“Maybe there is a big life decision that we really need to think about, and we just need a little space to be able to sort out our thoughts and our feelings and make a decision,” says Dr. Thomas. “Or we have a relationship problem, so we have to release our emotions and sort them out. Maybe you want to do something creative or do spiritual practice. ” In short, any activity that is significant or enjoyable can be performed in solitude.
As for the frequency and duration of the period of loneliness, “it’s about finding your sweet spot,” says Dr. Thomas. “Once you know how much loneliness it takes to feel balanced, healthy and fulfilled, then you need it.
“I would say the hardest part is securing time for solitude,” says Dr. Thomas. “Let’s say you need two hours a week. If you do not include this in your weekly schedule and if you are a busy person with family and work responsibilities, that time will be stolen from you.
“I recommend that when you recognize that loneliness is important for your well-being, arrange a meeting with yourself. Put it on the family calendar and let people know you won’t be available. You will be available later – and then you will be a happier person – but in those two hours you need that time for me. “
Although loneliness offers many benefits, it can sometimes be a difficult experience. In the studies, participants said they felt restless and anxious – or simply bored.
According to psychologists, these experiences are not side effects of the process, but are part of one of the main functions of loneliness: emotional regulation.
“We live such hectic lives that our emotions are often put in the background, in favor of being productive or fulfilling our obligations,” says Dr. Thomas. “We put emotions and problems on hold – basically saying to ourselves, ‘I’ll deal with it later.’
“So, when we are finally left alone, these emotions or problems or memories that we kept away come to the surface. If you’re not ready for that, those initial moments – or even hours – of loneliness can be really uncomfortable. “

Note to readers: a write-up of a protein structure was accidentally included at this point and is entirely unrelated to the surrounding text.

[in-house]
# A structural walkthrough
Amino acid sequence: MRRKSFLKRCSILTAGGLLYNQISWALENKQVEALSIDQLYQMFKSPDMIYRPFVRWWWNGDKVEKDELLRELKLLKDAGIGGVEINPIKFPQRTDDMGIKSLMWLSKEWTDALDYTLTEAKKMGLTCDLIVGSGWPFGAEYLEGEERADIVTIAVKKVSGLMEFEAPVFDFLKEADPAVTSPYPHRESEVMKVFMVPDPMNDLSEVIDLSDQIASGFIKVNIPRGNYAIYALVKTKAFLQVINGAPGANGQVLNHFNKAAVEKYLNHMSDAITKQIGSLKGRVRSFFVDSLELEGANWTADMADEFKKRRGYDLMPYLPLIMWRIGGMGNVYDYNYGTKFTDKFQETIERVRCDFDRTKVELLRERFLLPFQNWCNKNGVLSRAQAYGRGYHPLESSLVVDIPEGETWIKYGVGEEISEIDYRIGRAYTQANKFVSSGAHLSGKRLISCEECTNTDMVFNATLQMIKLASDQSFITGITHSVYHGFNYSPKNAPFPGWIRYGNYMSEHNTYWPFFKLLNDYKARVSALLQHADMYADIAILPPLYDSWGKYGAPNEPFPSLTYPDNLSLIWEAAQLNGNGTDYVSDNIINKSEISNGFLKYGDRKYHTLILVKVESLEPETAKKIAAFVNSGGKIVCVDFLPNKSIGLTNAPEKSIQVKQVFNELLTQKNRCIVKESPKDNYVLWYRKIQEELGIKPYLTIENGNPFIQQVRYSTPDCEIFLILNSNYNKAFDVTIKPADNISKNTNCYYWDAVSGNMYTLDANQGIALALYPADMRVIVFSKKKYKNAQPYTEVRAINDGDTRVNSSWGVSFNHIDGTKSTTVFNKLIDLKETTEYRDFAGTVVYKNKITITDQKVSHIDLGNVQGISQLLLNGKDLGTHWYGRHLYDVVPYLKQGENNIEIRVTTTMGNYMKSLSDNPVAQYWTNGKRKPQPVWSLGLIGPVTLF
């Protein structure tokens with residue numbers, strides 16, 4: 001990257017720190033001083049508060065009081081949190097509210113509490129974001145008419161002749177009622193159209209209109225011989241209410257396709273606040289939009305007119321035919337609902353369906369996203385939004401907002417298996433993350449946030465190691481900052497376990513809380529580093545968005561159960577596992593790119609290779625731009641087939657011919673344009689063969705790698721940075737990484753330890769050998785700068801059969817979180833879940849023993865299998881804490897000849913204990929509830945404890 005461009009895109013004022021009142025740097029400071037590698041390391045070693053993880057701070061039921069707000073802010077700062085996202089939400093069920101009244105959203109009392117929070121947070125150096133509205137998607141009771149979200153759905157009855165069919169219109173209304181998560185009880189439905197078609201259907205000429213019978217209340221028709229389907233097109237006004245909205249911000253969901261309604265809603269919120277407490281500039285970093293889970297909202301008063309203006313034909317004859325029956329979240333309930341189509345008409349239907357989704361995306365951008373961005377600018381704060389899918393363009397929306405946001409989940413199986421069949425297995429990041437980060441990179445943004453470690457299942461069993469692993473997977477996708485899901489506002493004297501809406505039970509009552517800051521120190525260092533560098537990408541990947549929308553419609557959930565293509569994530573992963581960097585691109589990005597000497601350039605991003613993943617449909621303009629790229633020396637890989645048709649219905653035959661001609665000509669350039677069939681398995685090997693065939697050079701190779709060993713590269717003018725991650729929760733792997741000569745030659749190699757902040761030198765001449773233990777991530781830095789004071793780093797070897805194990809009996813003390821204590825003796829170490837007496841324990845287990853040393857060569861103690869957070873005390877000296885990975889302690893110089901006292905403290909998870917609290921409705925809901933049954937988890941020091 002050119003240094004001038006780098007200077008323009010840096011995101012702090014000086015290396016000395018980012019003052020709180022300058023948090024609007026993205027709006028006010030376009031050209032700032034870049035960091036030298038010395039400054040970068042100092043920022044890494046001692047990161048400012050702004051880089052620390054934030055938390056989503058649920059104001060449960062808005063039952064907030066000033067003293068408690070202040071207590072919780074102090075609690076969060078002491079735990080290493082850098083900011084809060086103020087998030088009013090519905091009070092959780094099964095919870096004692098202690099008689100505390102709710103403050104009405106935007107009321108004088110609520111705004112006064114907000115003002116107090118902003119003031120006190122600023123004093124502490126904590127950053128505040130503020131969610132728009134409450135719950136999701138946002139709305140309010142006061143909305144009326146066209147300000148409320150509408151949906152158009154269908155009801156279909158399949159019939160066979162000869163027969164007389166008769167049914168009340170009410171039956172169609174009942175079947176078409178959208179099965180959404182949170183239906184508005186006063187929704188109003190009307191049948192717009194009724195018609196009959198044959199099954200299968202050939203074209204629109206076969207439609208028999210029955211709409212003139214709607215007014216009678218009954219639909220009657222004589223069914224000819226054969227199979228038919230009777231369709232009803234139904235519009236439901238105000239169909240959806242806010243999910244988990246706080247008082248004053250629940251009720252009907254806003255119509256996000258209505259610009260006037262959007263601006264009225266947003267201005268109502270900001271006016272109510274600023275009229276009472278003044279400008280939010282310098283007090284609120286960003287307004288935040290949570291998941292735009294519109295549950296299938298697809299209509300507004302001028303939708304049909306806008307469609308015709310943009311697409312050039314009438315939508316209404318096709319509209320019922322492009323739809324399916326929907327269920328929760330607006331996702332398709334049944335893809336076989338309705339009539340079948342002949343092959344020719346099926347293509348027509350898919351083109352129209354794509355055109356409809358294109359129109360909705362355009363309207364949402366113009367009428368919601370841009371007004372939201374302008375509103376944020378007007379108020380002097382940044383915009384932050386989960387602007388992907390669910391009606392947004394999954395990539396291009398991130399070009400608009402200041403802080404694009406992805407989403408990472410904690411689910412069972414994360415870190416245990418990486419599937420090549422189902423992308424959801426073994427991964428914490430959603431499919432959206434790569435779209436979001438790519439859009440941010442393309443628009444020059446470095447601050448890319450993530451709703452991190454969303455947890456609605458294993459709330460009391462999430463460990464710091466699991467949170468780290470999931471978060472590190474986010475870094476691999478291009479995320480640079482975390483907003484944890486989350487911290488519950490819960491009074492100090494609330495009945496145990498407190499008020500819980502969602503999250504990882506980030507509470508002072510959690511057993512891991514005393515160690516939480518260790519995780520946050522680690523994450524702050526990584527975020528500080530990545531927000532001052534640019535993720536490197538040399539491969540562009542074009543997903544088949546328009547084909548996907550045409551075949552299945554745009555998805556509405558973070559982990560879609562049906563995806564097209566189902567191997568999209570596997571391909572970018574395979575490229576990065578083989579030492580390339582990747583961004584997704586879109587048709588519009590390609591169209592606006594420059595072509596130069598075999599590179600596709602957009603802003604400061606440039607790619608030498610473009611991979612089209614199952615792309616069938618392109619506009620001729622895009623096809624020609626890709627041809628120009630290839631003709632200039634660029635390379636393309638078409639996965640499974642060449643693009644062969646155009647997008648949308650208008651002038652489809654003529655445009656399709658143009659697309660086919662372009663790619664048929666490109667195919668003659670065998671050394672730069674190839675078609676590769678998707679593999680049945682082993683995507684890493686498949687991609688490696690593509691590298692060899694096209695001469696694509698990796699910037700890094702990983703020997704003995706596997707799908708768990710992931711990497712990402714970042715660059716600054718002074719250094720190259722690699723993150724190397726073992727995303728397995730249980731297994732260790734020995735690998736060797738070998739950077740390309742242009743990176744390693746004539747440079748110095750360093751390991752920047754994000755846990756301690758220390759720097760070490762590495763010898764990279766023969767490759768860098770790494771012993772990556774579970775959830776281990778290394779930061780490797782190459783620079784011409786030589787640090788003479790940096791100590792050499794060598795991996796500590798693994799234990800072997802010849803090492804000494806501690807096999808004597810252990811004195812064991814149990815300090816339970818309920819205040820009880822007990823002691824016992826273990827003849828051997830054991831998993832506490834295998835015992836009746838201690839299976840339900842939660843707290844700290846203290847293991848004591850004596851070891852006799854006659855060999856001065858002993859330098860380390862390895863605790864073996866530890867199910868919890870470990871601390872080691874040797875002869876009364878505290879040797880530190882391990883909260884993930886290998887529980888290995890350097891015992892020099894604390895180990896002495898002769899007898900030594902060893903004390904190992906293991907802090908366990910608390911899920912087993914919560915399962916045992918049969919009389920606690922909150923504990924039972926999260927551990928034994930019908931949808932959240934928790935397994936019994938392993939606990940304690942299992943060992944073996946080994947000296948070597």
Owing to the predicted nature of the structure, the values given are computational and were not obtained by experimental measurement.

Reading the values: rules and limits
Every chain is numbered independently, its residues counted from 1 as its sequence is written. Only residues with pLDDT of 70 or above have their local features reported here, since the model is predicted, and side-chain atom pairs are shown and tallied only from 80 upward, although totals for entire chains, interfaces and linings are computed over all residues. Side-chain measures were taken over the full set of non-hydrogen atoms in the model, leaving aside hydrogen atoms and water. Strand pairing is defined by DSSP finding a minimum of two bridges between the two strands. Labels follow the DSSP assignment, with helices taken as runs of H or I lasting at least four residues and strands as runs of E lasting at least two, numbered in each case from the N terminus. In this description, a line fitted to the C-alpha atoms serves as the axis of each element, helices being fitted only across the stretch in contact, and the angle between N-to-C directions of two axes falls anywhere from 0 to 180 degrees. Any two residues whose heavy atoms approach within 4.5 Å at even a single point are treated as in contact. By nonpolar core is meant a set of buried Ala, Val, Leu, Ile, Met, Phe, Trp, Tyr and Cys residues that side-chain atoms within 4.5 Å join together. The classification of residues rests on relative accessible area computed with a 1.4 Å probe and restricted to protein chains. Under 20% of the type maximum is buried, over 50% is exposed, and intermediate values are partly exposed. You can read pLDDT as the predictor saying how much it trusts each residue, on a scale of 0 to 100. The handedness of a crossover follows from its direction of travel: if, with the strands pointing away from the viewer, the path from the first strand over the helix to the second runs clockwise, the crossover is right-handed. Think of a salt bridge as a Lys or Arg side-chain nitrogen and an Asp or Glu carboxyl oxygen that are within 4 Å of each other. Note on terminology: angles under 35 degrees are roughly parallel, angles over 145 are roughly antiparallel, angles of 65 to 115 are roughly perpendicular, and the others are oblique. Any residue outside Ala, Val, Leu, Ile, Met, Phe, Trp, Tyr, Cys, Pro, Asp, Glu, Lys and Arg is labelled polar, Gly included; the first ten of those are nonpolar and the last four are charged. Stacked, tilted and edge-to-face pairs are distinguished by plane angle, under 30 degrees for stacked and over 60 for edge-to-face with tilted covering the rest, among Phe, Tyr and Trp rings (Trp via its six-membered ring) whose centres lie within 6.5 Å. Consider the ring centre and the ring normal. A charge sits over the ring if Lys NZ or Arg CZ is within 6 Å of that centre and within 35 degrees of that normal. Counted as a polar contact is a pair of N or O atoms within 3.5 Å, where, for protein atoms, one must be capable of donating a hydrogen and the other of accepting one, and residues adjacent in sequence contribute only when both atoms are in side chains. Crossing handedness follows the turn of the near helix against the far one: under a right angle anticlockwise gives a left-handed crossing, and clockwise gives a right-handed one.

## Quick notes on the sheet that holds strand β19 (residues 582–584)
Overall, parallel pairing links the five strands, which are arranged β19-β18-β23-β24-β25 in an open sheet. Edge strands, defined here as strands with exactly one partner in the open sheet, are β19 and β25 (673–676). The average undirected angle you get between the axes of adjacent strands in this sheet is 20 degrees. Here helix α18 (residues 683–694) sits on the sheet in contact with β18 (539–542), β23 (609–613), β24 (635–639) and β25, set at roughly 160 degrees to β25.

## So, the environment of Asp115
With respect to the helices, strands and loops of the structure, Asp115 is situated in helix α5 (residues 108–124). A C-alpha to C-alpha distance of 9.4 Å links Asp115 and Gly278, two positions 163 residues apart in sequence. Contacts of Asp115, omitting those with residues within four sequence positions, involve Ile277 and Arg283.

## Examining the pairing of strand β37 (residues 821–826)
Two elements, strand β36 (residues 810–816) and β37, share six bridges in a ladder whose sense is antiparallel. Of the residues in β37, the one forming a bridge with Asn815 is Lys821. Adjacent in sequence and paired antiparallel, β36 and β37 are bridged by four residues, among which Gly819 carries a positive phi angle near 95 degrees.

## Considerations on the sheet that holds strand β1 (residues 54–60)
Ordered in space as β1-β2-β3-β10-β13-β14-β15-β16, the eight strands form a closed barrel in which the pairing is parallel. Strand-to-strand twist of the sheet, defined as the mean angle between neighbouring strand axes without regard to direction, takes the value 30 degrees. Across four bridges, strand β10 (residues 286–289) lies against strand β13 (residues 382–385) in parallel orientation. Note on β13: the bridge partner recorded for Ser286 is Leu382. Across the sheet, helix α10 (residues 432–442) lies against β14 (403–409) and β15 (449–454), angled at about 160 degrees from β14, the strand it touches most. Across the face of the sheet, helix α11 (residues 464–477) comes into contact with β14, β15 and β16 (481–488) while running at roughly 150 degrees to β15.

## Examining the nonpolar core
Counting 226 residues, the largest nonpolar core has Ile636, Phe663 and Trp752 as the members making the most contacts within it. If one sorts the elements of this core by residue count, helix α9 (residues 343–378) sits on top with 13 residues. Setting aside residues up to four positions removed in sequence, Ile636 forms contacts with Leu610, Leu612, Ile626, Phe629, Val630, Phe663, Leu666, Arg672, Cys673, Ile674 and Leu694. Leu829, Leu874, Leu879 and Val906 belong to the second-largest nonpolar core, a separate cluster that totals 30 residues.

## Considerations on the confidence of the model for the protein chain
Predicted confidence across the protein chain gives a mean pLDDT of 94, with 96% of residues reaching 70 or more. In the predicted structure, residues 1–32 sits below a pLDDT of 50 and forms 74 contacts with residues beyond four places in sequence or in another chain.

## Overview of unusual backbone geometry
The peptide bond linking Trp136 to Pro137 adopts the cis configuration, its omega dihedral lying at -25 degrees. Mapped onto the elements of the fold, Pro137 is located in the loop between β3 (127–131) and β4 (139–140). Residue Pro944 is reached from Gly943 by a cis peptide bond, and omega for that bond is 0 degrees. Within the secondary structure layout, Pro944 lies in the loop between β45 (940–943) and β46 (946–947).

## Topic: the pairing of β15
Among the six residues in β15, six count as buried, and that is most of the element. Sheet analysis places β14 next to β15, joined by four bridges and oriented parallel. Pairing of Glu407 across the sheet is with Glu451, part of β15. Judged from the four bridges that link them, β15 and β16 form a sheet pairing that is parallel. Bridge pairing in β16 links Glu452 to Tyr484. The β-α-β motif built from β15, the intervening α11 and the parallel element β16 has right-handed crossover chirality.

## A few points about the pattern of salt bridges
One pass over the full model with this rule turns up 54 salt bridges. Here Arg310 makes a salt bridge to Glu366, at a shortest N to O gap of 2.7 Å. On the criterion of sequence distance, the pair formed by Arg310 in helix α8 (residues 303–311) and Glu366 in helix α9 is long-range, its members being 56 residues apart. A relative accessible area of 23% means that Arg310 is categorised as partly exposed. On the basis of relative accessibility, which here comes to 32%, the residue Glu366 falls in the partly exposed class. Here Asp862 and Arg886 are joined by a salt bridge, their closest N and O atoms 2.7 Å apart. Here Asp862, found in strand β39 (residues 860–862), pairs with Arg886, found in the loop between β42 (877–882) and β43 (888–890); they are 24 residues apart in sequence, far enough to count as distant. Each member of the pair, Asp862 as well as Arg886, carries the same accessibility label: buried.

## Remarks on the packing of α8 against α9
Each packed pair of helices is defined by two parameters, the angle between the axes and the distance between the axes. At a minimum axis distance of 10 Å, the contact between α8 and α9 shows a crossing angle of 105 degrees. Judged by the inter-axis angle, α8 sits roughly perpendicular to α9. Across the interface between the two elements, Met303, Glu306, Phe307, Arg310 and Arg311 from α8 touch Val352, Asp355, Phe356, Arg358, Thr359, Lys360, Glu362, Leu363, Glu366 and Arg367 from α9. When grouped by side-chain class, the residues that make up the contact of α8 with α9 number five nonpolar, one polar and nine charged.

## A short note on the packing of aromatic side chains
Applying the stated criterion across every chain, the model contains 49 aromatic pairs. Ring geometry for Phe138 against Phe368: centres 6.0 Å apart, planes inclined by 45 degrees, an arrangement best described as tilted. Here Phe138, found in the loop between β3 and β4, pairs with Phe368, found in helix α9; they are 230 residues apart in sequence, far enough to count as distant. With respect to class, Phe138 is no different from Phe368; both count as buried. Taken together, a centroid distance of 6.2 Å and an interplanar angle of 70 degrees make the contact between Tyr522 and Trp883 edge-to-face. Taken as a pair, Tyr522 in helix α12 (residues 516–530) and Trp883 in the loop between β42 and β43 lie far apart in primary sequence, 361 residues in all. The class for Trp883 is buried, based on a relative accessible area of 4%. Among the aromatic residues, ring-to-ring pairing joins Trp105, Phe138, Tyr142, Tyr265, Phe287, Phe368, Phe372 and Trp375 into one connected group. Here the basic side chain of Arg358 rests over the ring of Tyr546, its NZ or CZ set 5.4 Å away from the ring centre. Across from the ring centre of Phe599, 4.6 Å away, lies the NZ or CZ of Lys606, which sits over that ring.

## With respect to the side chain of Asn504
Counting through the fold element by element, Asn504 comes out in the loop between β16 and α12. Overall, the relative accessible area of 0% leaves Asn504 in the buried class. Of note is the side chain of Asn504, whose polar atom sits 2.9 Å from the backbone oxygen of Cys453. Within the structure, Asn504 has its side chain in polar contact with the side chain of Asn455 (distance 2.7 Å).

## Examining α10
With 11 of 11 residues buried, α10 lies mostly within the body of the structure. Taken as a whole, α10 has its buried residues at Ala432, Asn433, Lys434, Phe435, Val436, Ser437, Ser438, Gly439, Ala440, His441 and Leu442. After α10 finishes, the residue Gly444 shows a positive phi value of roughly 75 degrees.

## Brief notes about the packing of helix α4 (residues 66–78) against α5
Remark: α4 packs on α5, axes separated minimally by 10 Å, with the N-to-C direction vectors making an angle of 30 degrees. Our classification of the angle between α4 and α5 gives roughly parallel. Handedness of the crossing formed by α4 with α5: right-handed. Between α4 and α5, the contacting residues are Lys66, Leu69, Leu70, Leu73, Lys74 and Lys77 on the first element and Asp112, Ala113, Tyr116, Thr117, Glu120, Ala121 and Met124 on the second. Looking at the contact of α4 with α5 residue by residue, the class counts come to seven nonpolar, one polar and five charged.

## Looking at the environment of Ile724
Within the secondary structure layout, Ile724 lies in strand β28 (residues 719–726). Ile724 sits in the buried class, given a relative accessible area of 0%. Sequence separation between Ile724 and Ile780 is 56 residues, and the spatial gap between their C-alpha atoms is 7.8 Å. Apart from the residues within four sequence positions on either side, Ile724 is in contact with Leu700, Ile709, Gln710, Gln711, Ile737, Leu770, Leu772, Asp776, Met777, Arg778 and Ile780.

Far from being a signal to abandon loneliness, Dr. Thomas believes that these experiences should be explored: “My research has found that people who have the ability to make good use of loneliness know how to manage these difficult or disturbing emotions.
“The first thing they tend to do with emotions is to accept them, and be okay with feeling no matter how they feel. With experience, they have learned to believe that they will not drown in these feelings. They will not last forever.
“They are able to ask themselves, ‘Why do I feel so anxious?’ Why do I feel so sad? What are these feelings trying to tell me? Should I do something different? Should I make some decisions or take some action? ‘
“Healthy emotional regulation will lead you to that place of insight. For some people, the issue they are dealing with is too much for them, “says Dr. Thomas. “And one of the skills of loneliness is to know when you need to get out of loneliness and get help. It can be help from a friend – or help from a therapist or counselor. “
If loneliness is really so restorative, why don’t we all do it already? Well, humans are incredibly social creatures. We like to be close to other people, even if it can be stressful at times. We are also incredibly busy and are struggling to fulfill our existing business and family obligations.
However, Michelle Gordon believes that we as a society simply do not value loneliness. That in a world that now allows us to be permanently connected through technology, loneliness is still considered a form of punishment.
“I think it’s sad,” says Michelle, “but I did it myself. When my daughters were younger and I had to punish them, I would take away their technology and send them to their rooms. Loneliness should be the reward for good deeds. We should be able to tell the children, ‘You did well. So now you have time to switch off and really think about your achievement. ‘ But we use it as punishment. “We don’t teach people that it’s okay to be alone in your head.”
Gordon believes that we must recognize loneliness as it is: “a precious resource.” “Loneliness is incredibly important in our lives. We have to confirm that it is okay to take some time for ourselves and our thoughts. Not only is it okay – it’s also useful. I think everyone should practice five minutes of solitude a day. Just five minutes of separation from everything and thinking. ”